As any reasonable person would, I sort of detest Gordon Ramsay, but I also love him a little bit. I love his bouncing manically on the balls of his feet and letting his many tics run wild when confronting someone. I love that he came from nothing, survived working for Marco Pierre White, worked very, very hard, and Made Something of himself. Sure, it’s seemed, in the wake of last year’s revelations that many of his restaurants are doing dismally, that what that something is is the Dennis Hopper of the culinary world, everybody’s go-to bad guy. As Hopper did, though, he plays the role with verve, gusto, and irresistible energy, and I love that his forehead is even more prolifically creased than my own, even though he’s not even 50. (Not even 50. I just said that didn’t I?)
About Gordon’s best-known imitator, Restaurant Impossible’s Robert Irvine, I have no mixed feelings. I can’t stand the guy.
His show’s format is almost identical to that of Ramsay’s Kitchen Nightmares. He visits a struggling restaurant. Provided he’s able to get his gigantic muscles through the front door (Men's Fitness, the abs fetish magazine, once named him one of the 25 Fittest Guys in America), he samples the cuisine, and invariably pronounces it appalling, just like the place’s décor. The owner/chef curses him, whereupon Robert gives the owner/chef a look that says, “I could probably bench-press your freezer, pal. But if you really want to be embarrassed, do your worst.” There’s a commercial break.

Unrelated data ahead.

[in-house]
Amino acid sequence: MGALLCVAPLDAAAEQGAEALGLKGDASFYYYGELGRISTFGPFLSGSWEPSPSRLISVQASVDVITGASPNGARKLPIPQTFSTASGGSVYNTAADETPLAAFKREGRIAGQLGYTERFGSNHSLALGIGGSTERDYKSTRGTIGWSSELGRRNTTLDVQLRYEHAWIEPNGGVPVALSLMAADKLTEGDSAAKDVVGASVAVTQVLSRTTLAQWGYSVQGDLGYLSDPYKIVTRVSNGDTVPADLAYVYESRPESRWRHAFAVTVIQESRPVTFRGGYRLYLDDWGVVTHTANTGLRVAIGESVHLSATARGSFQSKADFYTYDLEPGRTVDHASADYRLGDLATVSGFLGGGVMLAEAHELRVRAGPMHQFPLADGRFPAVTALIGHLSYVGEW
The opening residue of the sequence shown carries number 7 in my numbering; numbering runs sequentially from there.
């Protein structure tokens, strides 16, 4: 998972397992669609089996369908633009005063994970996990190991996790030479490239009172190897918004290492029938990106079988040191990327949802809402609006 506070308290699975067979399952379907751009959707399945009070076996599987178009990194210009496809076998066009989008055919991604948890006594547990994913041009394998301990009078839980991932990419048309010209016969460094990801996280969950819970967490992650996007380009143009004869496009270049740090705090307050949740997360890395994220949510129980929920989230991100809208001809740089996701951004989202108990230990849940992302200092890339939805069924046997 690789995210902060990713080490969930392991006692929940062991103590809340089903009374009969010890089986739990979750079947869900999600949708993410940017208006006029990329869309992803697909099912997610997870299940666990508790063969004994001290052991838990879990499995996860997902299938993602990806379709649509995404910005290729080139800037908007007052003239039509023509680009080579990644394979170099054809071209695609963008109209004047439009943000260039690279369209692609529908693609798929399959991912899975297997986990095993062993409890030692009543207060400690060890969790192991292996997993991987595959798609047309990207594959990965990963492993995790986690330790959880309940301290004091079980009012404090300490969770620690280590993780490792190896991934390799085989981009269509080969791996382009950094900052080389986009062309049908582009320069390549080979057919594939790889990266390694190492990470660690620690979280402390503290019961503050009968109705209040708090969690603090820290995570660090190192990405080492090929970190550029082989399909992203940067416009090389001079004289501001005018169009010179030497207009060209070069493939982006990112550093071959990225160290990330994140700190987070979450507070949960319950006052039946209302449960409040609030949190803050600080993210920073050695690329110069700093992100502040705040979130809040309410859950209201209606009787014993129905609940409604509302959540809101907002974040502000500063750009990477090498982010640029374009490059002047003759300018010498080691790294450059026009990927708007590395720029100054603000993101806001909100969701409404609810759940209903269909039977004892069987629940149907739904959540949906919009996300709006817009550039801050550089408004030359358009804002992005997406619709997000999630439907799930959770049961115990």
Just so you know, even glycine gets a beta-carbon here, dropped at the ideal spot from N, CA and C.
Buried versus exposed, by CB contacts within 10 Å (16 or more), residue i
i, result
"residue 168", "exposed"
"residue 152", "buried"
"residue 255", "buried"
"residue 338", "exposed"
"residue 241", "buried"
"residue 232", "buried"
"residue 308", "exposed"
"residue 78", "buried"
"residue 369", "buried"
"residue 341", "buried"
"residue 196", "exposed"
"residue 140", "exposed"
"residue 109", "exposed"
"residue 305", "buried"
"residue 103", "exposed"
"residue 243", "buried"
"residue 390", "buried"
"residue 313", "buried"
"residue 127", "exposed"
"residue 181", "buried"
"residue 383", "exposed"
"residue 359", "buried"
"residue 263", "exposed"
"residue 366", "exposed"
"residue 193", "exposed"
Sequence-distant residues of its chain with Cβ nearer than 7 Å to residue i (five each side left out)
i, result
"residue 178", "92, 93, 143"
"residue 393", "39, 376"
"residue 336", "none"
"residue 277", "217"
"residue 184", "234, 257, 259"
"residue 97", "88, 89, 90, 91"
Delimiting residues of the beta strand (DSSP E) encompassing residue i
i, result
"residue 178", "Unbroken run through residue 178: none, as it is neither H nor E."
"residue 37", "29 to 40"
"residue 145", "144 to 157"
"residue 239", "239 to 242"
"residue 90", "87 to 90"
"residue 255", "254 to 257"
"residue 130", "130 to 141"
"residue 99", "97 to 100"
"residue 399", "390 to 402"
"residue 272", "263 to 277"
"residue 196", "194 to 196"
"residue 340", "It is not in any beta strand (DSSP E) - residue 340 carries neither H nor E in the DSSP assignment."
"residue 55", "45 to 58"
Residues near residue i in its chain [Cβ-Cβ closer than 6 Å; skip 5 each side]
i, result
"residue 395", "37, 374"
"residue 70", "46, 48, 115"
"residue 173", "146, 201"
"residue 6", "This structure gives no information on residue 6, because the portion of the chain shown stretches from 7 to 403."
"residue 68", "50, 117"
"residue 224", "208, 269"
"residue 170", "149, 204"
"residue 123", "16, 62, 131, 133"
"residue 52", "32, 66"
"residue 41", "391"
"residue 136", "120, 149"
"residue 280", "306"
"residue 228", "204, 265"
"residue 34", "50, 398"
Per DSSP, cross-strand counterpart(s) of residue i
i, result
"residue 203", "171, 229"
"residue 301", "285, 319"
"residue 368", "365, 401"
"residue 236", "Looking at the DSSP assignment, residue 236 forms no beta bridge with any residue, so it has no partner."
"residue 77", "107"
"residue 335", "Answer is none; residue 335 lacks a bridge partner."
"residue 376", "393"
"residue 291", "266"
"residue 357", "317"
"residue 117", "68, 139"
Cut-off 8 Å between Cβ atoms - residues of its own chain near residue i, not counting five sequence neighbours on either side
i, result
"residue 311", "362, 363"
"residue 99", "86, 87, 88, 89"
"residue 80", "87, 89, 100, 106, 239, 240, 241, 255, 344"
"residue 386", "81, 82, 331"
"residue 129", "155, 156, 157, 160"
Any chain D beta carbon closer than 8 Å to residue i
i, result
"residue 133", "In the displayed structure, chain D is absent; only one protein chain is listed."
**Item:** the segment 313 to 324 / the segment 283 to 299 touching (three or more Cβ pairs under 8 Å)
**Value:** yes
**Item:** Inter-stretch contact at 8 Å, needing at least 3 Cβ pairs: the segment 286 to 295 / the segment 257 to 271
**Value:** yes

Irvine teaches the chef, who apparently stuffed himself with crow during the break, how to cook while his (Irvine’s) decorators are transforming the dining room physically for not a dime more than $10,000. He smirks self-satisfiedly while the restaurant’s owners weep with gratitude at how gorgeous and successful he and his team have made their restaurant, and rides off into the sunset.
My own favorite moment, present on every show, is that at which the great man frets into the camera, to build the sort of suspense that will inspire viewers to sit through commercials, about the impossibility of his decorators finishing their work on time. “How about, since you're the one who specified the deadline, you simply postpone the opening by 48 hours, then?” I commonly hear myself muttering.
As best as I can determine, this expert on running a successful restaurant has never actually run a successful restaurant, though at one point he fibbed sufficiently convincingly about his qualifications to inspire a couple of investors to offer to help him open a couple, in St. Petersburg, Florida.
In fairness, Irvine’s decorators are slightly more on the ball than Ramsay’s, who almost always make a hideous restaurant look hideous in a slightly different way. On the other hand, I can’t stand Irvine’s accent being unable to decide between British and American, his mouth reminds me of a cat’s anus, and I find his bullying pretty half-hearted.
I won’t fail to note that I like Jamie Oliver for having spearheaded a campaign a few years back to serve British schoolchildren reasonably nutritious food, rather than the unspeakable crap to which they were accustomed. Given a choice, the kiddies of course preferred the unspeakable crap. You can lead a horse to water…